By Xiu Ying, Contributing Reporter

RIO DE JANEIRO, BRAZIL – This year’s edition of the Atlas of Violence shows that for every four people murdered in Brazil in 2017, three were black, according to Ipea data. The homicide rate for this group reached 43.1 per 100,000 inhabitants, while that for non-blacks closed the year at 16 per 100,000.

The Institute notes that, in this regard, there has been a deepening of racial inequality between 2007 and 2017, as the rate grew 33.1 percent for blacks and 3.3 percent for non-blacks. Between 2016 and 2017 alone, the homicide rate of blacks in Brazil grew by 7.2 percent.

In absolute terms, the country recorded 49,524 murders of blacks in 2017, an increase of 62.3 percent compared to 2007 and 9.1 percent over 2016. When considering non-blacks, the absolute figures fell by 0.8 percent to 2016 and rose by 0.4 percent in relation to 2007, closing 2017 with 14,734 deaths.

Daniel Cerqueira, a research coordinator, drew attention to the fact that inequality in crimes suffered by blacks and non-blacks is increasing.

“In Brazil, there is a scandalous inequality in lethality by race,” he said, affirming that this statistic is nothing new. “And this gap [between the numbers of murders on the graph] continues to widen.”

The study also showed that rates for feminicide (murder of women) grew above the national average in 2017.

The study carried out by the Institute of Economic and Applied Research (IPEA), and the Brazilian Public Security Forum shows that, while the overall homicide rate in the country increased by 4.2 percent in the 2017-2016 comparison, the rate accounting only for the deaths of women grew by 5.4 percent.

For every four people murdered in Brazil in 2017, three were black, according to Ipea data.
Out of every four people murdered in Brazil in 2017, three were black, according to Ipea data. (Photo Alamy)

Nonetheless, the indicator remains significantly below the overall index (31.6 cases per 100,000 inhabitants), with 4.7 cases of deaths of women for each group of 100,000 inhabitants. It is still the highest rate since 2007.

In 28.5 percent of homicides of women, deaths occurred inside the home, which Ipea correlates to possible cases of feminicide and domestic violence.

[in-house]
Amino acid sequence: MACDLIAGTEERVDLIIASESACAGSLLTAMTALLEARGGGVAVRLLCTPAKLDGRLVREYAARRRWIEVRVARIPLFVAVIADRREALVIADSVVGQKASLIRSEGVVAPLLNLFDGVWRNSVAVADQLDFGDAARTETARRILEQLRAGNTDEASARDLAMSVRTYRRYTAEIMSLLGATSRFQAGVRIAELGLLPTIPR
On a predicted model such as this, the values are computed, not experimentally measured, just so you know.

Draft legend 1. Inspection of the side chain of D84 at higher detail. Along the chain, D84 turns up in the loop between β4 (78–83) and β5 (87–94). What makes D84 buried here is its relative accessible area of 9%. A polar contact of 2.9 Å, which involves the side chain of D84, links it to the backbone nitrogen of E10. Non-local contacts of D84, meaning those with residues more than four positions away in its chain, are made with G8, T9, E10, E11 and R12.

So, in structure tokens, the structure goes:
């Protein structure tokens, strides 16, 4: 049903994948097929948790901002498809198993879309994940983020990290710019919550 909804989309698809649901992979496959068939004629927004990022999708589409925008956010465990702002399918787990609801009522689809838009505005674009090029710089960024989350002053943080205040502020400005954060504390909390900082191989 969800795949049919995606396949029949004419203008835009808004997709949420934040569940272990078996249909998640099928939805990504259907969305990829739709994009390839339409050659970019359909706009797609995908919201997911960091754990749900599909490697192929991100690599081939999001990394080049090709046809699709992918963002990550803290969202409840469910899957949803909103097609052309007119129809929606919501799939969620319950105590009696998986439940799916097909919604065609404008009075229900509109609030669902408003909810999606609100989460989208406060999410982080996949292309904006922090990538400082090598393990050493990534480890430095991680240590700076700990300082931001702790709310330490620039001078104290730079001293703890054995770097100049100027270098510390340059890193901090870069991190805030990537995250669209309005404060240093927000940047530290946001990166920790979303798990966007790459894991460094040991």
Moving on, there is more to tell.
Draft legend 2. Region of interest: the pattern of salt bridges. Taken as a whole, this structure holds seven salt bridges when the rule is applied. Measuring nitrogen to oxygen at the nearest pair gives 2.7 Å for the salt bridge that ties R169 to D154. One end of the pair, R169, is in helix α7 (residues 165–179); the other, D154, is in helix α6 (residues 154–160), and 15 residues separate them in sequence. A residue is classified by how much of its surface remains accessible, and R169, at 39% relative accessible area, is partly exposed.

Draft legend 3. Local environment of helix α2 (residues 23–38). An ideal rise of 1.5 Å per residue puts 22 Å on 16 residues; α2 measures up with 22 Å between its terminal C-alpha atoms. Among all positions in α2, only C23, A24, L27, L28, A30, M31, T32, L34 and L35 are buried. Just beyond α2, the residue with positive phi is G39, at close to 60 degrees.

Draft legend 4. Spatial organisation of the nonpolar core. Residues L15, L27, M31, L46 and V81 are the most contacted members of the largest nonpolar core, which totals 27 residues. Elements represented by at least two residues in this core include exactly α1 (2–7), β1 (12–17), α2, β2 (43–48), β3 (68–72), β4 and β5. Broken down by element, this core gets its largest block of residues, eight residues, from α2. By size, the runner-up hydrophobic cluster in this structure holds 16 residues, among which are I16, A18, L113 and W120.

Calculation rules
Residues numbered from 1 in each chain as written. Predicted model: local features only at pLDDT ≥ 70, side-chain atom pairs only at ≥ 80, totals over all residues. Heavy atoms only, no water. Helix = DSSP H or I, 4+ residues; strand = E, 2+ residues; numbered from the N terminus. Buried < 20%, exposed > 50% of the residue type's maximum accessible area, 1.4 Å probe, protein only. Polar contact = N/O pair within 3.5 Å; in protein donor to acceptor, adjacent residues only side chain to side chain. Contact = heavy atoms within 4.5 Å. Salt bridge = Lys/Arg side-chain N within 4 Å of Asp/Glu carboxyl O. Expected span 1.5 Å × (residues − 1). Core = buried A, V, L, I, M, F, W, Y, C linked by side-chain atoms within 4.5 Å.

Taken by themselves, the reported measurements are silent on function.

Between 2012 and 2017, the institute reports that the homicide rate of women outside the home fell by 3.3 percent, while that of crimes committed inside the home increased by 17.1 percent. Between 2007 and 2017, the rate of women’s homicides by firearms inside the home also stood out, rising by 29.8 percent.

Ipea also shows that the homicide rate of black women is higher and faster growing than that of non-black women.

Between 2007 and 2017, the rate for black women grew by 29.9 percent, while the rate for non-black women increased by 1.6 percent. With this variation, the homicide rate of black women reached 5.6 for every 100,000, while that of non-black women was 3.2 per 100,000 at the end of 2017.

“Violence against women, in general, is on the rise but black women are being affected more intensively,” said Samira Bueno, executive director of the Brazilian Public Security Forum.

 

The number of homicides reported to Dial 100 rose from 5 in 2011 to 193 in 2017. Bodily injuries increased from 318 in 2016 to 423 in 2017, with a peak of 783 cases in 2012.
The number of homicides against the LGTBI population reported to Dial 100 rose from 5 in 2011 to 193 in 2017. (Photo internet reproduction)

Statistical Blackout Regarding LGBTI

For the first time, Ipea has included in the Atlas data on violence against lesbian, gay, bisexual, transgender, transvestite and intersex populations. It is believed that the situation has worsened and that this group because of omission from the official data and statistics.

Data from accusations registered on Dial 100 (a crime reporting phone service akin to 911 in the U.S.) and administrative records from the Ministry of Health’s Notification Information System were used for the study.

“There is a genuine statistical blackout in Brazil regarding violence against the LGBTI population,” said Daniel Cerqueira.

The number of homicides reported to Dial 100 rose from 5 in 2011 to 193 in 2017. Bodily injuries increased from 318 in 2016 to 423 in 2017, with a peak of 783 cases in 2012.

According to Ipea, the increase is not due to the greater dissemination of Dial 100, since no similar behavior was found in data from other minorities that sought the service, such as the elderly, homeless, children and adolescents.

Data from the Ministry of Health show that between 2015 and 2016 the number of incidents of physical and psychological violence, torture and other forms of violence against bisexuals and homosexuals increased, most victims were single and female.

As for the perpetrators, 70 percent were male. In all, 5,930 cases of violence against the LGBTI+ population were reported.

 

LEAVE A REPLY

Please enter your comment!
Please enter your name here

6 + 11 =